So if it’s one or two races where Lewis starts at the back, then Nico has the chance to go out and bag a few more points than his rival. But there are ten races to go, so he’s got to rely on more than just engine penalties to restore his advantage. Nico’s problem is that he’s not beating Lewis when all things are equal. Hungary for instance, Nico started on pole, Lewis went and won the race, all down to his move at the first turn. When Lewis has had mechanical issues in qualifying or a bad start, Nico has taken advantage, but we’re still waiting for him to beat the defending champion on the track when the two of them are scrapping it out. Forgive me if I’ve forgotten it, but has Nico overtaken Lewis in a race whilst they’ve been team mates, other than at the start?
For me, Hockenheim is the big race for Nico. All season long he’s lead but for the first time he finds himself behind. There’s been a 49 points swing since Spain. Should Nico not regain that lead this weekend, then he goes into the summer break one again on the back foot. What he’s tried so far hasn’t worked, and he knows that if he gets tough on the track, he’s got to keep it clean now after the collisions in Spain and Austria. So that itself will add extra pressure, even with his new two year deal in place. Both drivers are on a Yellow card as the teams have informed us, but it seems that Lewis appears better equipped to deal with the fall out when the pair collide. Look at his run after Spa in 2014 for example, and what’s happened since Spain this year. That could be complete coincidence of course, or it could be that Nico takes longer to get over it.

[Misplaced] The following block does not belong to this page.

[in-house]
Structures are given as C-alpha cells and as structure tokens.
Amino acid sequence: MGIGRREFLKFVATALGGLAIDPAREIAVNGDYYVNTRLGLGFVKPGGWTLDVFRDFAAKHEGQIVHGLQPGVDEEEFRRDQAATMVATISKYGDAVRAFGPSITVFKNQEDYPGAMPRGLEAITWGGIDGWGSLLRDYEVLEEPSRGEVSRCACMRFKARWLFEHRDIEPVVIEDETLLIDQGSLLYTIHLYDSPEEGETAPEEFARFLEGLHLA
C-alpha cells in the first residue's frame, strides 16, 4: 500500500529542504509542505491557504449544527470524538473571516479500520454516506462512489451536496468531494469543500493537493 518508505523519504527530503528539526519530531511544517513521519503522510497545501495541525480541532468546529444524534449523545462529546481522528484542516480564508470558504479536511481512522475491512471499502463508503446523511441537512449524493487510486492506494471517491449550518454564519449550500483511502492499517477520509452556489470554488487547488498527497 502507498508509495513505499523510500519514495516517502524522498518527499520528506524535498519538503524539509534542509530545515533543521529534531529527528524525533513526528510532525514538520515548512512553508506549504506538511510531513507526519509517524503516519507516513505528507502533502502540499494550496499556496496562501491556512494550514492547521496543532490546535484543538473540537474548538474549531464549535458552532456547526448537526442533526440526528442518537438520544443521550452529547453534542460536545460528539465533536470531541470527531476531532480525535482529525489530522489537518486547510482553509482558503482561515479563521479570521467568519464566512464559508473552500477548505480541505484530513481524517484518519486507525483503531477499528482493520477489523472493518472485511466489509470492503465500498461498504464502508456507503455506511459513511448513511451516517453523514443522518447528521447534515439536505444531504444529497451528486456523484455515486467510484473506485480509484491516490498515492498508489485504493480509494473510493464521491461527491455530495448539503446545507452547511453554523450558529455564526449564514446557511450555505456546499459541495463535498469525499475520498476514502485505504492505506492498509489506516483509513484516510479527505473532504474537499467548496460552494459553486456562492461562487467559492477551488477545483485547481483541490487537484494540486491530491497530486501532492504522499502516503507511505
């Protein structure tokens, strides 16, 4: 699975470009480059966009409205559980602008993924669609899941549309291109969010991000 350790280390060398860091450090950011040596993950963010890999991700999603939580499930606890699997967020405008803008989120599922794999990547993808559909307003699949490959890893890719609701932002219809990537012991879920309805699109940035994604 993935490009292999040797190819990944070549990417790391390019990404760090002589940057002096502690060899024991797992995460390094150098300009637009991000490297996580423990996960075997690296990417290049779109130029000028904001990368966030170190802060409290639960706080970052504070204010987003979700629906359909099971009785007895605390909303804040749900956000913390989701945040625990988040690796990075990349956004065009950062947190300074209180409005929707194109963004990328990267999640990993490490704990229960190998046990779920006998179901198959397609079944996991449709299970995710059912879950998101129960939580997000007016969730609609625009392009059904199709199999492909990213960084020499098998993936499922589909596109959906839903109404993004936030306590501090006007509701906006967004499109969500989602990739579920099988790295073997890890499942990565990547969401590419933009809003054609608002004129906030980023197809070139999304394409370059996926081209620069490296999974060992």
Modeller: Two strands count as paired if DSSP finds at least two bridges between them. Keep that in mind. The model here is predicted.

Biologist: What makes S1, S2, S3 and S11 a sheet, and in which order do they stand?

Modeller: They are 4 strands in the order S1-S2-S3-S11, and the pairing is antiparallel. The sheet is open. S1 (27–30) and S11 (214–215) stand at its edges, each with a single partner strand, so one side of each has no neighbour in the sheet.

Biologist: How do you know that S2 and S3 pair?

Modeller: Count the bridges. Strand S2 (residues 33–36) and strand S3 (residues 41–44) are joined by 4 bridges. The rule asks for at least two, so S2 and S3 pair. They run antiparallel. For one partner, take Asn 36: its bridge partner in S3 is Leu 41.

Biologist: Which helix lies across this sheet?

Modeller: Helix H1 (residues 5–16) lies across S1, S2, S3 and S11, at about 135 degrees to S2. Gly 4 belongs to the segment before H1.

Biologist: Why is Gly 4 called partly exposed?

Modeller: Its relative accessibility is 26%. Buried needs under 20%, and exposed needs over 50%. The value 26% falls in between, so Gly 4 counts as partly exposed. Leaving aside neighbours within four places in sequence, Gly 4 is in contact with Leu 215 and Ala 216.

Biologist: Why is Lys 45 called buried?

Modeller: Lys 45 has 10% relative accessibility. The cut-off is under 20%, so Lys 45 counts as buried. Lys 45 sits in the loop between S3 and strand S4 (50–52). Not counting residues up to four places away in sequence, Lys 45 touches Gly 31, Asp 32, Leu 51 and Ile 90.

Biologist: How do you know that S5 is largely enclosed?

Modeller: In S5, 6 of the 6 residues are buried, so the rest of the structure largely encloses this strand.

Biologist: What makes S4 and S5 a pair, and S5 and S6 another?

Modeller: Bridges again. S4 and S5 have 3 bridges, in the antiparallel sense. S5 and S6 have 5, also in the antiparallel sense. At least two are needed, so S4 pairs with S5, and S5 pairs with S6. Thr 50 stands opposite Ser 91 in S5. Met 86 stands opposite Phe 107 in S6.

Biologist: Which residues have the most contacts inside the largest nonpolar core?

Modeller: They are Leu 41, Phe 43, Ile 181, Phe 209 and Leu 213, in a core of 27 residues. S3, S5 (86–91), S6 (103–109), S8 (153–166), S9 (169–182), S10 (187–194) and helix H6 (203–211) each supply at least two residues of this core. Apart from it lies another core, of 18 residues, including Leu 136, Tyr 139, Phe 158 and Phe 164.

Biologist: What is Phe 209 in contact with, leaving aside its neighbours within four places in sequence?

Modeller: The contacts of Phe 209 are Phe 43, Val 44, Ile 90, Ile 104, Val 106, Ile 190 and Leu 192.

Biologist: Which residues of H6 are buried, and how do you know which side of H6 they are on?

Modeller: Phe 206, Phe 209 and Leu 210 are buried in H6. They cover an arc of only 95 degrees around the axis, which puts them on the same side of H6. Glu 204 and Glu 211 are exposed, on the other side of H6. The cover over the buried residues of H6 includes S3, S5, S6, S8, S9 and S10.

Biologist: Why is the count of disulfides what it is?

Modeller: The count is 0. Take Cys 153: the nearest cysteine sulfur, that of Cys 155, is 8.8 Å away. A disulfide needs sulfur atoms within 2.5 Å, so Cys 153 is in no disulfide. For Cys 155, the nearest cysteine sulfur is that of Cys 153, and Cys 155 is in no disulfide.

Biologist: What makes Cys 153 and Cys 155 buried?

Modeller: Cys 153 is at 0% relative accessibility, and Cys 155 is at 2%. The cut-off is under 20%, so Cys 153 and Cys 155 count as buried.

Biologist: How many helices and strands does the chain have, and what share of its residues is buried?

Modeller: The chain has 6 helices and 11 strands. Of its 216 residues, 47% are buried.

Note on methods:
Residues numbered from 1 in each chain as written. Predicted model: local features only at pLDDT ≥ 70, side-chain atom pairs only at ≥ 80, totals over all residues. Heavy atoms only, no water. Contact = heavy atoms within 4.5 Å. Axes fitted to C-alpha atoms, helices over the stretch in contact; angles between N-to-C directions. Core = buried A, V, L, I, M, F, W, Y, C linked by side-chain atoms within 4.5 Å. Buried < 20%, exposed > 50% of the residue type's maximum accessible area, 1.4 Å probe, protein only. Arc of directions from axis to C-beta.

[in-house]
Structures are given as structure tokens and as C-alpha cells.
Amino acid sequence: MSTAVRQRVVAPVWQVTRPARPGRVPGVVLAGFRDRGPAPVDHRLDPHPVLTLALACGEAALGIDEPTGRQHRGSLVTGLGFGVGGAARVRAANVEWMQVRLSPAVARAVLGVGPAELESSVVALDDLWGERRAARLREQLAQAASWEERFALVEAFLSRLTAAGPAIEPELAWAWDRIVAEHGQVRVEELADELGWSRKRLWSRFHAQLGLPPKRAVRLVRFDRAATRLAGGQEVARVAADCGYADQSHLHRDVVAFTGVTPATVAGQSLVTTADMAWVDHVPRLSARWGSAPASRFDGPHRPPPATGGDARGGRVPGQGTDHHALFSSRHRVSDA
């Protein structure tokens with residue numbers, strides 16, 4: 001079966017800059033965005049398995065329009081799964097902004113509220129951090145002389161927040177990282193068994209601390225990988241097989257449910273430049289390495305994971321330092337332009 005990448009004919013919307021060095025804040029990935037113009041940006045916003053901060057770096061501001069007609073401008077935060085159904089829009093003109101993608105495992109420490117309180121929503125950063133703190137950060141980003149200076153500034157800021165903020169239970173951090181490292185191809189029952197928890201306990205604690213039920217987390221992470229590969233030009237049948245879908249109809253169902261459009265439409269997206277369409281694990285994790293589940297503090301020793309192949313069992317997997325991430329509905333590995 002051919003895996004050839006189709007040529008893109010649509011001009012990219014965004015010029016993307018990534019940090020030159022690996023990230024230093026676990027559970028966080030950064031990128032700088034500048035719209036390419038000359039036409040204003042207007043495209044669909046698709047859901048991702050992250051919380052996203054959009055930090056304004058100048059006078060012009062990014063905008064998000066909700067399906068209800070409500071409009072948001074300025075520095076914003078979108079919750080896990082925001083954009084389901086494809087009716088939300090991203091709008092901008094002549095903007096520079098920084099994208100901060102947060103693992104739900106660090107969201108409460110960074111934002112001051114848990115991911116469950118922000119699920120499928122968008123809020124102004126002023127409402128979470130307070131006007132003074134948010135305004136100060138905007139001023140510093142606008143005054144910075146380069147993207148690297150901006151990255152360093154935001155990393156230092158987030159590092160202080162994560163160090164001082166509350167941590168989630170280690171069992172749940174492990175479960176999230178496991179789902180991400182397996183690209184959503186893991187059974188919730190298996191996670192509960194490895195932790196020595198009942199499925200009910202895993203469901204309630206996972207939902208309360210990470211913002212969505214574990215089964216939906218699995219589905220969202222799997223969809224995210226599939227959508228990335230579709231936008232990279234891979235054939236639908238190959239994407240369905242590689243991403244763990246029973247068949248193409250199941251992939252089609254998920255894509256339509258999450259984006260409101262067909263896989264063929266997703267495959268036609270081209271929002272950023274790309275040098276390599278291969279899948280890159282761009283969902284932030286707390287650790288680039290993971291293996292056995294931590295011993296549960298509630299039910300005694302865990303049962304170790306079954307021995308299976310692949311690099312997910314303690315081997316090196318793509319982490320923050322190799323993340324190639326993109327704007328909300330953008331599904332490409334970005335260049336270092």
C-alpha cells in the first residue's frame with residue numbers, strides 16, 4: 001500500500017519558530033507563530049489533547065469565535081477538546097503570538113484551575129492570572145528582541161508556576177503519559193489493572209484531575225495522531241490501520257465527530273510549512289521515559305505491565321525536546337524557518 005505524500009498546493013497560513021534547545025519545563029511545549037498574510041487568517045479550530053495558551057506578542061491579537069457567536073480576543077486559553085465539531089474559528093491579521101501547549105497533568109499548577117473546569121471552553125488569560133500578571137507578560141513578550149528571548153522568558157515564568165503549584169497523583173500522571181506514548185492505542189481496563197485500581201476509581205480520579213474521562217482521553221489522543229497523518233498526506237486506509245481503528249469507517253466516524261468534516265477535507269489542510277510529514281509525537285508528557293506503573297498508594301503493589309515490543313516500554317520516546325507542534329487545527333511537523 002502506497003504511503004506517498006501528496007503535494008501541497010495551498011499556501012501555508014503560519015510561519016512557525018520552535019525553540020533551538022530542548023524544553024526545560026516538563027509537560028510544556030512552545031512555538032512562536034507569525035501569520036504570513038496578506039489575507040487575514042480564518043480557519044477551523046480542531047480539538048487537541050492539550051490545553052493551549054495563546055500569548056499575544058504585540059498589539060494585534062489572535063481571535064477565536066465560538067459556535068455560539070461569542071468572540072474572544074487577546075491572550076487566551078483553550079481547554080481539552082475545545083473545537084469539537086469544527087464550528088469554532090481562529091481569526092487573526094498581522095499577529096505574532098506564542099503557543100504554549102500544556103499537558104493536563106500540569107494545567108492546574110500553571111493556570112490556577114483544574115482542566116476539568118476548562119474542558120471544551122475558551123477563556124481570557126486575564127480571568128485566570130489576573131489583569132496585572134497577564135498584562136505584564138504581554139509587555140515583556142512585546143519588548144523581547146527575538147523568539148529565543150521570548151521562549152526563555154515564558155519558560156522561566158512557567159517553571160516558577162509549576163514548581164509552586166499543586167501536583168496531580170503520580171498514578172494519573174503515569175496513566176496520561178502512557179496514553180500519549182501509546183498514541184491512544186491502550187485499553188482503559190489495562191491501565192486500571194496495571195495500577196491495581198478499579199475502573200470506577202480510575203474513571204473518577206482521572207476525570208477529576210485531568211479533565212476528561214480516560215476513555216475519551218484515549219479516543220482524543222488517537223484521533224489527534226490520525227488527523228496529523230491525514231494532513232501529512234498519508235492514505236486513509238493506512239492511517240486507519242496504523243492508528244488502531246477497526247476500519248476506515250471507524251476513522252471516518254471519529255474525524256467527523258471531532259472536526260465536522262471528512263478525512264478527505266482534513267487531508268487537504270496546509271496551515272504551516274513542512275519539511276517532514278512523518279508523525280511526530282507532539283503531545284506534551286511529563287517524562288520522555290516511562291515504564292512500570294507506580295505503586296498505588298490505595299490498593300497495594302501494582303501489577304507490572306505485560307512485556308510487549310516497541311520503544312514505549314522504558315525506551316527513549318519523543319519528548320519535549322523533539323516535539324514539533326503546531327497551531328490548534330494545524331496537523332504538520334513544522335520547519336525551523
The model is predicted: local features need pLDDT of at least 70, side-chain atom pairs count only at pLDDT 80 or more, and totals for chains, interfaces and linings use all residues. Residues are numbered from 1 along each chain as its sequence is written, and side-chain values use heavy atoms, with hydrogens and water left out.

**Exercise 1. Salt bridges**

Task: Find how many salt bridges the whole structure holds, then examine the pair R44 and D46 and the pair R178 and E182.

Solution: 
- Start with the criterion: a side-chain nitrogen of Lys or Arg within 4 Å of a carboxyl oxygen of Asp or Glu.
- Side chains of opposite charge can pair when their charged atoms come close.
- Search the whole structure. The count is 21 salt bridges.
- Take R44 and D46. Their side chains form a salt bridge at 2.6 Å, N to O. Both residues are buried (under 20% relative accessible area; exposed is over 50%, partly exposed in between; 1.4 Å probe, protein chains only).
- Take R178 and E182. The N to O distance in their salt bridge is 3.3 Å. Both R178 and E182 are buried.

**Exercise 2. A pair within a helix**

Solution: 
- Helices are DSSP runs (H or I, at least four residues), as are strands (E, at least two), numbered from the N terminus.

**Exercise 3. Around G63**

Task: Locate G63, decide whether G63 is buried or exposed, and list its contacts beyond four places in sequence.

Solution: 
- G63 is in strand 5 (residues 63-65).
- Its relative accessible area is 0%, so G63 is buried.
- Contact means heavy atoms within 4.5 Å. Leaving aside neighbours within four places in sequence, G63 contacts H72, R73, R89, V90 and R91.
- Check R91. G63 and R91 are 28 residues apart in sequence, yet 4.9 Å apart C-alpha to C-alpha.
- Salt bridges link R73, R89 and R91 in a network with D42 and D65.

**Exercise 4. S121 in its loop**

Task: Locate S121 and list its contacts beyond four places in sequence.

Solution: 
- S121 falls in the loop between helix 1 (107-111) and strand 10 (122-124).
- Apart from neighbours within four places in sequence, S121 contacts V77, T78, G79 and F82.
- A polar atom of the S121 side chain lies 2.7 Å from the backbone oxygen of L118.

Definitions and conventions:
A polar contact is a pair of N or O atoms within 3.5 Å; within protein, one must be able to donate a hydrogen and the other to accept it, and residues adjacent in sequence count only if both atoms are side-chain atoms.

Nico is well liked by the Mercedes team. He’s popular with the staff and the sponsors like him as well. I got a chance to see how well he interacts with the sponsors on Thursday night when he turned up to open a shop in Budapest and spent over an hour delighting the crowd. Personally I wished he’d have got a move on as I had to get into the shop to buy some new clothes as mine were currently in a suitcase that hadn’t quite made it to Hungary at the same time as me. Big thanks to Mercedes for having a word and getting the staff to re-open the Hugo Boss store as soon as Nico left, otherwise I’d have been in my shorts on screen, and I’ll leave that look to Ted!
But it’s all well and good being well liked, what Nico wants is to be respected as a Champion too. Lewis has earned that respect, three times over. With both driving equal cars, it’s down to Nico to show he’s got the little bit extra that turns race winners into Champions. He already holds the record for the most race wins for a driver who hasn’t won the title, but somewhere down the line he’s got to find a way to up his game.
And that, in this big race to come, really needs to happen in front of his home fans this weekend. Nico isn’t a bad driver, it’s just that he’s up against another who has consistently found a way to beat him, which makes Lewis a better driver as things stand at the moment. But everything can change in a moment and if Nico can regain that Championship lead straight away, well the next ten races might not be as straightforward as some people are thinking.
Right, have you finished with your half time oranges? The referees got his whistle to his lips once again, time for the second half. Enjoy!